GuidedTour is up on piramido again, with the latest getting started
tour. Now that the i18n jqueryMsg support is in core, it should be in
for good this time.
I also put up the latest version of the Special:GettingStarted page
(mostly Munaf's work, but with some JS I wrote), with everything except
for the images. Be sure to click on the question marks. In *addition*
to guided tours, GuidedTour can also be used for single-page tooltips
1. Go to http://piramido.wmflabs.org/wiki/Special:GettingStarted .
2. Click "List of Google Stuff". This will register it as a "task".
3. Go to
step will be made easier once the gettingstarted tour is finalized and
we decide whether to use querystring or cookie here).
4. Go through the tour (wording is not final).
Let me know what you think.
Just an FYI:
Kim Schoonover (who goes by Isarra on-wiki and IRC) is my intern for our Outreach Program for Women. She's working with me on Flow and learning about being devious (I'm planning to teach her all the dirty tricks).
She's in town for the week. We're going to lunch on Tuesday. You can come if you like.
Brandon Harris, Senior Designer, Wikimedia Foundation
Support Free Knowledge: http://wikimediafoundation.org/wiki/Donate
Starting on the 10th, we added a tag to English Wikipedia edits made via
the Special:GettingStarted interface. (It looks like "Tag: new editor
Dario has kindly added this to his dashboard of revision tags flowing from
RecentChanges, which includes mobile and VisualEditor as well.
Wanted to send this to we because people like Aaron may have ideas especially re happy path.
Tl;dr Howie would like to shift focus of default Echo notifications to ones that generate positive messages.
Sent from my <free corporate advertising removed at the request of the owner>
Begin forwarded message:
> From: Oliver Keyes <okeyes(a)wikimedia.org>
> Date: January 17, 2013, 8:01:25 AM PST
> To: Terry Chay <tchay(a)wikimedia.org>
> Cc: Fabrice Florin <fflorin(a)wikimedia.org>, Howie Fung <hfung(a)wikimedia.org>, Ryan Kaldari <rkaldari(a)wikimedia.org>, Benny Situ <bsitu(a)wikimedia.org>, Luke Welling <lwelling(a)wikimedia.org>, Matthias Mullie <mmullie(a)wikimedia.org>, Brandon Harris <bharris(a)wikimedia.org>, Vibha Bamba <vbamba(a)wikimedia.org>, Erik Moeller <erik(a)wikimedia.org>, Steven Walling <swalling(a)wikimedia.org>, Maryana Pinchuk <mpinchuk(a)wikimedia.org>, Dario Taraborelli <dtaraborelli(a)wikimedia.org>, James Forrester <jforrester(a)wikimedia.org>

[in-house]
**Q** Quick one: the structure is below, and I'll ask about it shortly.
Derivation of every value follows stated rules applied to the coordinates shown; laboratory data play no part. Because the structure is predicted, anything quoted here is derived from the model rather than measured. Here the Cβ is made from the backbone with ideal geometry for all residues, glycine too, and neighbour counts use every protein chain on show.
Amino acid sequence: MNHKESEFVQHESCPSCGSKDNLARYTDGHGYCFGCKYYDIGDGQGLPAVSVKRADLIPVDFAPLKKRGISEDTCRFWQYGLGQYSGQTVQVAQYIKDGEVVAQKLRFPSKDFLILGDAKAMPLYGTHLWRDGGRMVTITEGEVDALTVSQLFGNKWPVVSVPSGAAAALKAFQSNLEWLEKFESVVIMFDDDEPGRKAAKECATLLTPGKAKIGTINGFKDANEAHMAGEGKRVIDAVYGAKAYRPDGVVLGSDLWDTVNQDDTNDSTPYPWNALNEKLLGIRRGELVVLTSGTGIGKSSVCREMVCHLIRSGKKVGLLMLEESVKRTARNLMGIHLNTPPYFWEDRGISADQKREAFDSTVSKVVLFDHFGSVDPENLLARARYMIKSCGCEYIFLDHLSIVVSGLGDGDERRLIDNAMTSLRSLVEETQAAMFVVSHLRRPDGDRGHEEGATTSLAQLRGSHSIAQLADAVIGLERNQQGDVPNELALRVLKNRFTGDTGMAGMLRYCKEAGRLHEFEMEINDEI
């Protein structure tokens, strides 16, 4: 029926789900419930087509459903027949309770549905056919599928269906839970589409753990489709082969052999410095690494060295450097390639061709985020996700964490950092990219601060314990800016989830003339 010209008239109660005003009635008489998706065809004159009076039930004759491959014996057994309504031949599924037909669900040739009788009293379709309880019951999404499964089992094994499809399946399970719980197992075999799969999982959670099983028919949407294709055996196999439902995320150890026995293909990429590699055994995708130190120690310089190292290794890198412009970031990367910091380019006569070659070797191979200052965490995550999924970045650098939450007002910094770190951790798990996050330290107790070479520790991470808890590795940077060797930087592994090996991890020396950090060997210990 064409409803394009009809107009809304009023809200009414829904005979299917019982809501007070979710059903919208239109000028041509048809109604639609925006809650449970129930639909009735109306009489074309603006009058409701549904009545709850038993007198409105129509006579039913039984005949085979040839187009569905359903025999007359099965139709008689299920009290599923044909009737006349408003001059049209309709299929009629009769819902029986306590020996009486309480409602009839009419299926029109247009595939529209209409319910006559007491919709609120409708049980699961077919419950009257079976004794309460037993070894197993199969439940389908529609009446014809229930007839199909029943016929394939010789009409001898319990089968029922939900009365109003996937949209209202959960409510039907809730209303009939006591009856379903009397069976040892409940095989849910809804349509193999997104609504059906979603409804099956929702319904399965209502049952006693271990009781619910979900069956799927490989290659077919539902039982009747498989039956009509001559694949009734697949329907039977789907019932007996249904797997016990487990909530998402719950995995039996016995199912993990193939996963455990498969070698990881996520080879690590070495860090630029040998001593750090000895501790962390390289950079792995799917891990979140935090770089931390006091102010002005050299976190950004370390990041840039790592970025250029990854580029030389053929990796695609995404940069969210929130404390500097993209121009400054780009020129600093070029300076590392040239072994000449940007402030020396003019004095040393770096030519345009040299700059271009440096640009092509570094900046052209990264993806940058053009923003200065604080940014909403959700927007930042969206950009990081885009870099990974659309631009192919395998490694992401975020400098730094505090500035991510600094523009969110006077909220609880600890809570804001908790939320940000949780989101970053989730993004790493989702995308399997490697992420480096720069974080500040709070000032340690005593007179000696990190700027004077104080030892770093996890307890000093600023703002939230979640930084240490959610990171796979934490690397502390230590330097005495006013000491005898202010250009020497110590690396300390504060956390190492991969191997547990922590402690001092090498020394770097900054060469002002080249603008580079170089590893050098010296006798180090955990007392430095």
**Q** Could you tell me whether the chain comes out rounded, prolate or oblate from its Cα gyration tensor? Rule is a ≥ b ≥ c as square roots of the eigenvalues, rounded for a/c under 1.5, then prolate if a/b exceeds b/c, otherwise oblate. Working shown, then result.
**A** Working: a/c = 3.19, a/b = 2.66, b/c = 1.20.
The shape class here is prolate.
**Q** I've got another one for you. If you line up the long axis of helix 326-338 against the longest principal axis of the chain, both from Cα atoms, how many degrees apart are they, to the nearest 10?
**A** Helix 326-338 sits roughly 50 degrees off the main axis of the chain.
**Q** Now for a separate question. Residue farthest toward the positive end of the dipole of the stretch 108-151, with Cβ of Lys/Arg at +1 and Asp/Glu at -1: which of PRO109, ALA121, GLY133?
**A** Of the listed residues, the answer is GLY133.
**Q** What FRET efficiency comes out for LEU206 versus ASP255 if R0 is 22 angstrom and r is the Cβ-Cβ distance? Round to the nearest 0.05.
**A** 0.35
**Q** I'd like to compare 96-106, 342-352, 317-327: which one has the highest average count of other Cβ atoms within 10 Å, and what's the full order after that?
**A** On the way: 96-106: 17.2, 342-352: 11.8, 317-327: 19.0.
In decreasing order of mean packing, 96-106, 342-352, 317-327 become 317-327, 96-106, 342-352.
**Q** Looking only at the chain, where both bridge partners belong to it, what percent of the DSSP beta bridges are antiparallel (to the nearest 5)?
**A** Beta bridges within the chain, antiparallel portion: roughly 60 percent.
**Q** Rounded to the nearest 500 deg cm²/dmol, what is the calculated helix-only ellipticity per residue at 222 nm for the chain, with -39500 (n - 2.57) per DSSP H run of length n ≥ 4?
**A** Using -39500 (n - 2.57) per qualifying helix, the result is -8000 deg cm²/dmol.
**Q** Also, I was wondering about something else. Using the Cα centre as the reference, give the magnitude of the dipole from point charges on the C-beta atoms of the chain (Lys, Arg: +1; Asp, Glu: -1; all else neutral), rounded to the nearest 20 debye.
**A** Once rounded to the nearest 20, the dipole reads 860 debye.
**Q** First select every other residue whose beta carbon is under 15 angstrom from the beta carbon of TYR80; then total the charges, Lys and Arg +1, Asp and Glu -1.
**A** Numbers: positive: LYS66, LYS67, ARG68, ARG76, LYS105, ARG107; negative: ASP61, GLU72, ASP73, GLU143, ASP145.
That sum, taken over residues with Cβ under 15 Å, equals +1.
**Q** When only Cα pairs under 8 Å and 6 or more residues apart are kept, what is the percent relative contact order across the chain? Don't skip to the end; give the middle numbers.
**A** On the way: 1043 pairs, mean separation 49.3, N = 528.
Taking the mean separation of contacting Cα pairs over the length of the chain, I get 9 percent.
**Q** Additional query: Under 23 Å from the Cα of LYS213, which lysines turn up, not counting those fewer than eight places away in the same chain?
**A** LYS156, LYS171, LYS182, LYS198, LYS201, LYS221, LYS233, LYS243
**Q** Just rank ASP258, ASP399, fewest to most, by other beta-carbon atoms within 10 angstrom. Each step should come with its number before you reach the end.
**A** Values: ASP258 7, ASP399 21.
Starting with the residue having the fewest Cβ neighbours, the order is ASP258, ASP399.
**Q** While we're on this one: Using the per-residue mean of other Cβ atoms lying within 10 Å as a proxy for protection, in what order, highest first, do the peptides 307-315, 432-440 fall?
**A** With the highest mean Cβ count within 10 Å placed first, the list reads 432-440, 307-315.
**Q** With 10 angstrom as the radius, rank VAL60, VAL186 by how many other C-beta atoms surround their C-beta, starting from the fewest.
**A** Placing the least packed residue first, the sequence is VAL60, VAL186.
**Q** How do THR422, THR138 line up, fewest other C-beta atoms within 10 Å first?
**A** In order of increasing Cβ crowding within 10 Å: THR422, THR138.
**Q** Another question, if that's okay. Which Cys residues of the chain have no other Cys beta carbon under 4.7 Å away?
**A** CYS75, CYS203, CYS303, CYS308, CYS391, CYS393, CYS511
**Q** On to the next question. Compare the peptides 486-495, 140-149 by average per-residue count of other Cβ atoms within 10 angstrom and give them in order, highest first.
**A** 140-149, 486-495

> Subject: Re: E2 Planning Meeting Notes
> On 17 January 2013 07:56, Terry Chay <tchay(a)wikimedia.org> wrote:
>> Thanks for this summary.
>> I believe the purpose was to prepare for the E2 quarterly review (with respect to the Echo project, in particular, so this is excepting Flow (which hasn't been started) and AFTv5 (which is on another thread and will be heading toward completion)). Given that I think there were three outcomes we need to focus on with the realization that we'll have to present this to Erik and Sue:
>> 1. To note some unresolved action items
>> 2. To discuss what has been done for last quarter (for Echo and AFTv5, we should probably note that this is the first quarter of E2 team development for Echo because PageTriage ran over, and we note that AFTv5 lost Matthias for 1 month to WIkiVoyage)
>> 3. To give the plan for the next quarter
>>> We also discussed developing a few more notifications, if time allows, once core features are done. This small set of new notifications would be selected in consultation with the E3 team, Oliver and community members and be spread out between these user groups: new members, new editors and active editors.
>> With respect to (1) unresolved actions , there were three action items we need to resolve before the quarterly review. I think Fabrice is confusing these three in the sentence above (no worries, sometimes I can't read my notes either).
>> In my notes they are:
>> 1. Watchlists for E3
>> 2. Placeholder for power users
>> 3. Happy Path
>> Now I may have been too drunk to rattle that off the top of my head last night but I believe this means:
>> 1. Watchlists are a notification in plan but what this means was not specificed. Some of this sounds overlapping with E3's onboarding experiment ("did you know you have a watchlist?"), and some of it may be done in notifications (for instance, the first n times a click on watchlist (default off for experienced editors) could pop a notification saying there are new events in the watchlist until the user builds a habit. It makes sense to actually resolve with E3 team what that is since "n" at least and other things are probably best determined as an experiment and implemented by E3 (using the hooks already provided in Echo). We should sync up with them on what "watchlist notifications" mean.
>> 2. I'd like to find one or two low-risk power-editor notifications to be done for March as long as they can added under the following criteria
>> - will not delay the release
>> - are feasible, low effort in engineering (Kaldari and Benny approved)